Withdrawable funds are the amount of money you are able to withdraw out of your EasyEquities account into your bank account or use to purchase a gift voucher.
Where for example, your EasyEquities account indicates that you have $500 worth of 'withdrawable funds', it means that you have $500 in your account that is not subject to any of the lock-ups we sometimes need to apply to client funds. These lock-ups include:
1. Unsettled funds - when you sell a holding, it takes 5 working/business days for the funds to be settled. Until those 5 days have elapsed you cannot withdraw them. Using our early settlement will shorten the settlement period to 1 day.
2. Locked funds - when you contribute funds to your EasyEquities account by way of a debit order or EFT, we lock-up up those funds for a period of time. The time periods for these locked funds periods are below
- EFT deposit - 14 days
- Debit order deposit - 40 days
- Interaccount transfer - 40 days
- Promotional vouchers - 3 years (not applicable to vouchers you purchase and send on EasyEquities)
These rules regarding withdrawable funds are contained in our EasyEquities Terms & Conditions.
It is important to note that some of these protections are put in place to protect the health and longevity of the business and as importantly with that, our clients and their holdings. If we allow ourselves to be defrauded due to sub-par business practices, the effects on you the user could require unnecessary changes like increased costs, less variety of choice/functionality and an altogether less Easy experience.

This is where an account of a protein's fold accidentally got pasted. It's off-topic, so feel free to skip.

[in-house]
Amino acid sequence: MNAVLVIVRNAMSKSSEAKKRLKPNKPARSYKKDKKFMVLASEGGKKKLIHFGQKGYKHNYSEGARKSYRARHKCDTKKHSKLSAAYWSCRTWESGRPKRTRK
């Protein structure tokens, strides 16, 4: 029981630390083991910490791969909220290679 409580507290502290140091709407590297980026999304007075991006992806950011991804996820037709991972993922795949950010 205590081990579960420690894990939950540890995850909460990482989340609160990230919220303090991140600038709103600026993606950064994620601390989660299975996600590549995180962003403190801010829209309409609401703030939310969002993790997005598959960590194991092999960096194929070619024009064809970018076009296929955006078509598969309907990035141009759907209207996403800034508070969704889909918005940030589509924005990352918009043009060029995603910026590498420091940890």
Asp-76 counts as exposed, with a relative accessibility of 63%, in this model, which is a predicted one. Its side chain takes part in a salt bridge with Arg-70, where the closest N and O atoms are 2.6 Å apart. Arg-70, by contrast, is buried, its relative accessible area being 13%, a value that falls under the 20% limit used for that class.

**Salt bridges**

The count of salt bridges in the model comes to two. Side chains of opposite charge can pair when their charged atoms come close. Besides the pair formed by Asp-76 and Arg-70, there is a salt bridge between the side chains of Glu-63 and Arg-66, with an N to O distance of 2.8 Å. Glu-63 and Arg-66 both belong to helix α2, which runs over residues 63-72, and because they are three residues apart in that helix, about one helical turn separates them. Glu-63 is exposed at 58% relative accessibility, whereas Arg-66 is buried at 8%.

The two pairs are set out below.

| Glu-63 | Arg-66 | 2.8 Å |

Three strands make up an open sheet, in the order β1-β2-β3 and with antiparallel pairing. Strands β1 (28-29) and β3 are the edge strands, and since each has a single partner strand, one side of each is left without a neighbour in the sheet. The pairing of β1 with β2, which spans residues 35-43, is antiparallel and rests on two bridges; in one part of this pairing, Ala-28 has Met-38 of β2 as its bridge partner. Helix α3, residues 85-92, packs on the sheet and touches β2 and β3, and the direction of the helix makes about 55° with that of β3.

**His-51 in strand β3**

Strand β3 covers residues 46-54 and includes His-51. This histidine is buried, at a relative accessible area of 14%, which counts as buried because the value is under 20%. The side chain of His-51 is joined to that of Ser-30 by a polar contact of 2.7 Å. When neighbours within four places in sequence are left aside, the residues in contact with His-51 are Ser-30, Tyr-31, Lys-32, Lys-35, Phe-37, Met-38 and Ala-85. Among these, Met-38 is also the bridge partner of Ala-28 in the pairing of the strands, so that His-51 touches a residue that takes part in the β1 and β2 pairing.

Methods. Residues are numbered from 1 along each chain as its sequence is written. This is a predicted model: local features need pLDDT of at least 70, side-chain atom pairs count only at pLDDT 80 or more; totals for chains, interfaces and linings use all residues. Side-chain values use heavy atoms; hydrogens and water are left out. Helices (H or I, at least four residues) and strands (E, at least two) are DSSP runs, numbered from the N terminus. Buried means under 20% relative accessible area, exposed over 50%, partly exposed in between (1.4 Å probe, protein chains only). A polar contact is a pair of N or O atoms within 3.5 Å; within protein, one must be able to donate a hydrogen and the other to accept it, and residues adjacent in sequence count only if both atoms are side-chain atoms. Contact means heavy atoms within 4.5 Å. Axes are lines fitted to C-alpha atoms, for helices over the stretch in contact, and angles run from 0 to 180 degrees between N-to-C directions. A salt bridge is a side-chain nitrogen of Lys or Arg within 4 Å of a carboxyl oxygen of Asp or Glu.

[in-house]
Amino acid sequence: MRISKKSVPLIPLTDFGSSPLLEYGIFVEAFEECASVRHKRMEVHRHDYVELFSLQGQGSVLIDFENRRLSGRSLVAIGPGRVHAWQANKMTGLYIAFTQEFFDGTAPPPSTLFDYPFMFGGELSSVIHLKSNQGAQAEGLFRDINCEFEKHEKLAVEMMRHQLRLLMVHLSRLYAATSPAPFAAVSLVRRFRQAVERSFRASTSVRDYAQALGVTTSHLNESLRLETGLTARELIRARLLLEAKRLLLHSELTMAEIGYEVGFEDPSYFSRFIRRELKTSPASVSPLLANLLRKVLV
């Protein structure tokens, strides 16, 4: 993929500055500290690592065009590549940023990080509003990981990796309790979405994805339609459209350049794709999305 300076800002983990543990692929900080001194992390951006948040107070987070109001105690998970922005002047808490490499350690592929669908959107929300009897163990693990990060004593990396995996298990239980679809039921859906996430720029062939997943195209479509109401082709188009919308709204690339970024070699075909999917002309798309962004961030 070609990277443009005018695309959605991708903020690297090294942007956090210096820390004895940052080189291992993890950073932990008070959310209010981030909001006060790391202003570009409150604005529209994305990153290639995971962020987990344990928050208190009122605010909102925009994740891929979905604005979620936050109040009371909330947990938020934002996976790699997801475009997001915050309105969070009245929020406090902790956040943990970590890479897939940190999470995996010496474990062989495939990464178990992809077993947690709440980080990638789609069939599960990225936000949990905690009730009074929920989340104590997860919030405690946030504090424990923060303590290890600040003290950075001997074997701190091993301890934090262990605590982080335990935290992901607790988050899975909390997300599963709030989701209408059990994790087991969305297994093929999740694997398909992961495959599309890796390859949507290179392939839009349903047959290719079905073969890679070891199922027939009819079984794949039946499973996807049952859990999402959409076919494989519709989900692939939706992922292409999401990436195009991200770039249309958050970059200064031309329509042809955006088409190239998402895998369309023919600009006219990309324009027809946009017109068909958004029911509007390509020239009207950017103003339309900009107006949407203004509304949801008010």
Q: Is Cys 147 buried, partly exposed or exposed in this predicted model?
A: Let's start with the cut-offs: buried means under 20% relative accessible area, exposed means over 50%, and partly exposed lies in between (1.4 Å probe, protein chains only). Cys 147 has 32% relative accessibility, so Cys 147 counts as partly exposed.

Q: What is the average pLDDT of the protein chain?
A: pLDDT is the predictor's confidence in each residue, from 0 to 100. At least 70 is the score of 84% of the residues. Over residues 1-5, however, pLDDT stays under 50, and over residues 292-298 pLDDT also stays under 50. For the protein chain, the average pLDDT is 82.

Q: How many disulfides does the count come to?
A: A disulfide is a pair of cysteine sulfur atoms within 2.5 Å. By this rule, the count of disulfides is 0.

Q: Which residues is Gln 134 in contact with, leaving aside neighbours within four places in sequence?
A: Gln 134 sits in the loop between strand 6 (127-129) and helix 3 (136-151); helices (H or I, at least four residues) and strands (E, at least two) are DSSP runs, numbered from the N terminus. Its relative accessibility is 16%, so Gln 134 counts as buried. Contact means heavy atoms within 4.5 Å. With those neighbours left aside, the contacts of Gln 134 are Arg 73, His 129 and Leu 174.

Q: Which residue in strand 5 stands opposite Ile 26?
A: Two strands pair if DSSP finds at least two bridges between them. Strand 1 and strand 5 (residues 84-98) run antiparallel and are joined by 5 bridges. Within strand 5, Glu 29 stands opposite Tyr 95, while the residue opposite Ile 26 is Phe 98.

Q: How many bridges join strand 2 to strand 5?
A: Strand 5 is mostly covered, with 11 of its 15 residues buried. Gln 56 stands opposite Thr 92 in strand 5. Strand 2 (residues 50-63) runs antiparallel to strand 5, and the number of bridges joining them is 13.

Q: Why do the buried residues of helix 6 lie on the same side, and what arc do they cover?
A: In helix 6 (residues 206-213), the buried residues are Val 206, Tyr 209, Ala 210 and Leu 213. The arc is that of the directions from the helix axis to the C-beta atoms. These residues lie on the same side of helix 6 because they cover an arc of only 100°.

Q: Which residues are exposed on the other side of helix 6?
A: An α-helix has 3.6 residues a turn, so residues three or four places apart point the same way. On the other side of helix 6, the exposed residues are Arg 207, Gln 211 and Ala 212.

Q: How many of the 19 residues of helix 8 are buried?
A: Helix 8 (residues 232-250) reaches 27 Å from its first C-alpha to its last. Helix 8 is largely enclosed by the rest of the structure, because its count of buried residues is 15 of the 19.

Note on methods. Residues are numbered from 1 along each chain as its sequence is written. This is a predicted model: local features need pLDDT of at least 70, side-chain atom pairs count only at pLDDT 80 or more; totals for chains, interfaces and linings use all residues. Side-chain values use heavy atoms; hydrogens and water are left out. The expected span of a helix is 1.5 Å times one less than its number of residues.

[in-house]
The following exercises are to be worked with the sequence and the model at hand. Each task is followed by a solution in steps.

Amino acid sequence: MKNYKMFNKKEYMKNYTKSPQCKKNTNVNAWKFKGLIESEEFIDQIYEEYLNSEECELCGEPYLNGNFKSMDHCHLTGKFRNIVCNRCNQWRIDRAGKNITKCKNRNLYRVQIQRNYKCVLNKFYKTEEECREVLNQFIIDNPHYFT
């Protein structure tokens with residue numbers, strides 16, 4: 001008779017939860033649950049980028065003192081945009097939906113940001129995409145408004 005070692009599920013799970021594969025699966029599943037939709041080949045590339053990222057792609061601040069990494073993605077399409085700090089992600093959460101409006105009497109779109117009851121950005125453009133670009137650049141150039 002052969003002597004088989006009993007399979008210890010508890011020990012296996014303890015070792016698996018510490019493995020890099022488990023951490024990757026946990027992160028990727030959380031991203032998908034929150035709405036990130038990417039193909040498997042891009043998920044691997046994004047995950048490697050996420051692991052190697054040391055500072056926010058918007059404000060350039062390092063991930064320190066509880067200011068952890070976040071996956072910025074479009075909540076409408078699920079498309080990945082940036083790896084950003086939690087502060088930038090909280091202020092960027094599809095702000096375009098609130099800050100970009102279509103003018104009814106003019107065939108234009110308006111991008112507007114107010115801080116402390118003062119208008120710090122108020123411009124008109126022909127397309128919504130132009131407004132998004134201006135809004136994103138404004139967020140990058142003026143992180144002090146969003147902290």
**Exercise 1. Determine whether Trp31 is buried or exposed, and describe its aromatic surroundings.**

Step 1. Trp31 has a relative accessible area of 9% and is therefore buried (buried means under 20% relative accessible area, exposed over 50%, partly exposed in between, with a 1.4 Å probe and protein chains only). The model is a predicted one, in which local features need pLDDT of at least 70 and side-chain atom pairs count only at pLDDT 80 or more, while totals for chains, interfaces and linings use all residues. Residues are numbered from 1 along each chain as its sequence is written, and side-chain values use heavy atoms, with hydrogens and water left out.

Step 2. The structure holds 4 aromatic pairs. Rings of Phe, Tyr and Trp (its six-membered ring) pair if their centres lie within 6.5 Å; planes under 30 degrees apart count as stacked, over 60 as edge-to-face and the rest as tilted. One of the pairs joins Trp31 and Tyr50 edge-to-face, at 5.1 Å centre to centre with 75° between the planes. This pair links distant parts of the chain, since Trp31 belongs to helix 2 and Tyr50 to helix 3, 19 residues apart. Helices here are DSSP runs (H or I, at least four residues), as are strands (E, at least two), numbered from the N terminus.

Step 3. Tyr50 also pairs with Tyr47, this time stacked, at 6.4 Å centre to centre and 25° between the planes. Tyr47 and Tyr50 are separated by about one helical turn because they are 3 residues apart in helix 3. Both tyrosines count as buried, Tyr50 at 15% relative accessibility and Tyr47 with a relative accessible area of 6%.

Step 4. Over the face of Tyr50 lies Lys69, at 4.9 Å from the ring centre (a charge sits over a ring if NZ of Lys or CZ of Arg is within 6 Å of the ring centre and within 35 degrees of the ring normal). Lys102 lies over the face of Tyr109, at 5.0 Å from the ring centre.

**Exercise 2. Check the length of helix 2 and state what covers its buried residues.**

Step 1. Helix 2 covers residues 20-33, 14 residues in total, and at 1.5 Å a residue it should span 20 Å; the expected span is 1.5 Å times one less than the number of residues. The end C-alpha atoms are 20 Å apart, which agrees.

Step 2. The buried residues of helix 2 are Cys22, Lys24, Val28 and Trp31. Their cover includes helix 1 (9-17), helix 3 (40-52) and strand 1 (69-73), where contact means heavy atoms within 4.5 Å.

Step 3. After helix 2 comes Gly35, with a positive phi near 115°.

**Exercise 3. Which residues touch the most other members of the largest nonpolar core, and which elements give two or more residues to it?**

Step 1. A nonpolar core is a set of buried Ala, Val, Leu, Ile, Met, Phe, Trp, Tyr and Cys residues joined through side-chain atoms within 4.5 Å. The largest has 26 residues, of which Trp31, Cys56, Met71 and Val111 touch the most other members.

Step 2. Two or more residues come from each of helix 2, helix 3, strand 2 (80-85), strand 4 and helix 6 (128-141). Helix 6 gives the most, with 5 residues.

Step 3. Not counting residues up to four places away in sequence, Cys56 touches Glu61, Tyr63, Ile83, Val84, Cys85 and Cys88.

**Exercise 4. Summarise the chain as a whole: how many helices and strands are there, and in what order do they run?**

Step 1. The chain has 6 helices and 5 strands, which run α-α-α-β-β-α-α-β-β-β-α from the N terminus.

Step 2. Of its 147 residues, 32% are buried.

Sufficient holdings to cover my withdrawal
This is best explained by way of example:
An Investor has an EasyEquities portfolio worth $1500 and no available cash. In order to buy a gift voucher for $1,000, she needs withdrawable funds to do so.
She does an EFT into her EasyEquities account for $100 on a Tuesday and the funds are allocated to her account.
In order to determine whether the $100 is 'withdrawable' (and can, therefore, be used for the gift voucher purchase) our system looks at her holdings and determines that she has $1500 of holdings, which is more than sufficient to cover the $100 she wishes to use.
The system marks the $100 as 'withdrawable' and the client buys the voucher and sends it to her very happy nephew for his birthday.
Two days later (Thursday) the client needs to withdraw the $1500, so she sells her entire holdings and uses early settlement to settle the funds a day later (Friday).
The system, however, would only mark $1400 of the $1500 as 'withdrawable funds', and it would continue to hold the $100 as protection until 14 days from the date her original $100 was allocated, have elapsed.
In this example, the client is able to withdraw her $1400 of 'withdrawable' funds on Friday but would need to wait a further 11 days until the remaining $100 is unlocked and becomes 'withdrawable' at which point she can withdraw it to her bank account.